Teacher Assessment of Aggression by Children in Kindergarten

By Robert Basso, William Pelech and John Graham.

Published by The Learner Collection

Format Price
Article: Print $US10.00
Article: Electronic $US5.00

This paper describes how referrals by teachers for children’s aggressive behaviors compared to the parents and the follow-up clinical psychiatric and social work assessments of this problem. Kindergarten teachers successfully identified the children in need of further assessment and/ or intervention. Among the most significant aspects in the study are that teachers appropriately identified children-at-risk who were ultimately diagnosable in psychiatric categories. This is a strong demonstration of the teachers’ abilities to complete an initial assessment based on classroom behaviors. Their ability to then make an appropriate referral may ultimately assist children, families, and schools in preventing violent behaviors and harm to others. The perceptions of teachers in their roles as front line assessment staff were subsequently confirmed through follow-up psychiatric tests and clinical interviews by mental health practitioners. We conclude that teachers are key team members who can pinpoint children’s aggression, beginning with their own powers of observation, and then by employing a tool such as an initial screen for aggressive behaviour. School personnel and professional community practitioners are a part of a dynamic, community-based team for assessment and treatment purposes.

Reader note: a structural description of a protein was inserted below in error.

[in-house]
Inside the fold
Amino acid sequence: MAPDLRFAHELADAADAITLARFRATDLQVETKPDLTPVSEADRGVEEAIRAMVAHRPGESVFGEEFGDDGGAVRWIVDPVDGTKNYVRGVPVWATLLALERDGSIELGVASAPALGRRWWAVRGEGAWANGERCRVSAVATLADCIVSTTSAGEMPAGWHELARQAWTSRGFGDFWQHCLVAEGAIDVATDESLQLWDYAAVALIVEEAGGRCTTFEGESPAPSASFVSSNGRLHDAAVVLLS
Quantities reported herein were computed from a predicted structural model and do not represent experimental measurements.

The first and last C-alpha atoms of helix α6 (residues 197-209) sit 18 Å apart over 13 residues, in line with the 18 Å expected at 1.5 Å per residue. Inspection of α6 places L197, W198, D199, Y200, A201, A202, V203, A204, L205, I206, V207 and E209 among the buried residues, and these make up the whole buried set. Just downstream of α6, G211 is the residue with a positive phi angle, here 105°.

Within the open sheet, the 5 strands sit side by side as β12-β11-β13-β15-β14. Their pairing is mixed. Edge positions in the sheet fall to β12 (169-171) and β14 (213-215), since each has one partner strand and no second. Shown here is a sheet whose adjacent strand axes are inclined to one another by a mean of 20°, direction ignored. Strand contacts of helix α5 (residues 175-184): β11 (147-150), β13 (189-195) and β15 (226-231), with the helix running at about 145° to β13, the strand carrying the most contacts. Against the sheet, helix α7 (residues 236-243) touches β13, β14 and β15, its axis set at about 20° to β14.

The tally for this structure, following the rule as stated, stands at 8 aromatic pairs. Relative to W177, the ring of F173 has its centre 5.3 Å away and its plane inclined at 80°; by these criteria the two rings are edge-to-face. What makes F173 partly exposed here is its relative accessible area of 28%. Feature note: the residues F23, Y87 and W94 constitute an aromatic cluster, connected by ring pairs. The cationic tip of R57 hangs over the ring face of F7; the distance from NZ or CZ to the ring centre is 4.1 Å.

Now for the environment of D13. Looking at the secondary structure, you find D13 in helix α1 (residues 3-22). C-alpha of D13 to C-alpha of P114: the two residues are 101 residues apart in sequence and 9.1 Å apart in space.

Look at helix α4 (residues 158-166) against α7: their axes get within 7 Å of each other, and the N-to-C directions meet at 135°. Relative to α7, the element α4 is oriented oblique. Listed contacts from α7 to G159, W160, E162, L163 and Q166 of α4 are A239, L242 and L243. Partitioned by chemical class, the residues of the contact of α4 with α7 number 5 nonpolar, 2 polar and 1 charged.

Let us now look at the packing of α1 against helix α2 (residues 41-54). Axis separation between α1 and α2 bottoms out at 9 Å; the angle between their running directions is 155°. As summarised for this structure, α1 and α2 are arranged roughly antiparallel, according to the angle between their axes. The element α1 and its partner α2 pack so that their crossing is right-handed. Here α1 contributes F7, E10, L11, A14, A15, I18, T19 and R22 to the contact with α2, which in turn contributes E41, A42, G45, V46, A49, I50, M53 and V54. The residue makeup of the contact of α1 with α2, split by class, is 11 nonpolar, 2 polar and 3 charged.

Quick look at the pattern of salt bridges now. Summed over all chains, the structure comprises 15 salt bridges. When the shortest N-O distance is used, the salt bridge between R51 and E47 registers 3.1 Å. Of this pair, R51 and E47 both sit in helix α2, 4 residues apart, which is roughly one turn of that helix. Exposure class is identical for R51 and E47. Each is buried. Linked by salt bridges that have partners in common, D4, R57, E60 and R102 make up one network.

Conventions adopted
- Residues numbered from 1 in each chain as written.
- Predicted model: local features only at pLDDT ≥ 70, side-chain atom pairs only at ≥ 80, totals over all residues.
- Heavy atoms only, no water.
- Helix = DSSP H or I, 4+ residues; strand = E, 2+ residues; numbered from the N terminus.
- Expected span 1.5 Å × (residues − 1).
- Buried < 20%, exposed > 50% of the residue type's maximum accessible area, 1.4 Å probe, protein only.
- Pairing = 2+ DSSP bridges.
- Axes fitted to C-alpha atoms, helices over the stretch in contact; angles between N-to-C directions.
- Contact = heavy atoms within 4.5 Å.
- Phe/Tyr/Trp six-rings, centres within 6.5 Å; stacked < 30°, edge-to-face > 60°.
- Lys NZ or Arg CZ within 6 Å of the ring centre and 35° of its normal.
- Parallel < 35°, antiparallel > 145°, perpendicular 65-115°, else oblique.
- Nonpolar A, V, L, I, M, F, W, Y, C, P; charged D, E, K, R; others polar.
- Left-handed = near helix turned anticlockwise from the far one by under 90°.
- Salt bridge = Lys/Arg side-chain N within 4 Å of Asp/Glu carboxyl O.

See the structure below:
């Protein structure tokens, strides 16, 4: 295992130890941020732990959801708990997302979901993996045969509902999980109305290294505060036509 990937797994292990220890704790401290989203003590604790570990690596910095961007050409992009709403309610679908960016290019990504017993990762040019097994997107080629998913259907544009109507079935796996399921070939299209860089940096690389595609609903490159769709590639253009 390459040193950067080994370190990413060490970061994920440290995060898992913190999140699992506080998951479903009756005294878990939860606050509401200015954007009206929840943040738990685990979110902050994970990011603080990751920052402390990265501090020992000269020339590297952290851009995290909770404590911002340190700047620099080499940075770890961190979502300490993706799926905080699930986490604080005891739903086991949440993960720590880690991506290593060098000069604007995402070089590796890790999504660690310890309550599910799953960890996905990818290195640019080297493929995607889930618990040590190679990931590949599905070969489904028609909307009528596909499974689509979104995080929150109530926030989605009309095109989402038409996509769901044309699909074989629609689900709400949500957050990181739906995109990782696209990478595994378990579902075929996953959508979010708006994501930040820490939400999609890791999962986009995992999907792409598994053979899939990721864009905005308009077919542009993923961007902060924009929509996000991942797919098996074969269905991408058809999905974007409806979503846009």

Keywords: Teacher’s Assessment of Kindergarten Aggression, Early Identification of Children-at-Risk, ADHD

The International Journal of Learning, Volume 15, Issue 5, pp.225-232. Article: Print (Spiral Bound). Article: Electronic (PDF File; 542.302KB).

Dr. Robert Basso

Associate Professor, Social Work, Wilfrid Laurier University, Waterloo, Ontario, Canada

Dr. William Pelech

Associate Professor, Social Work, University of Calgary, Calgary, Alberta, Canada

Dr. John Graham

Clinician, Private Practice, Kitchener, Ontario, Canada

Child and Adolescent Psychiatry


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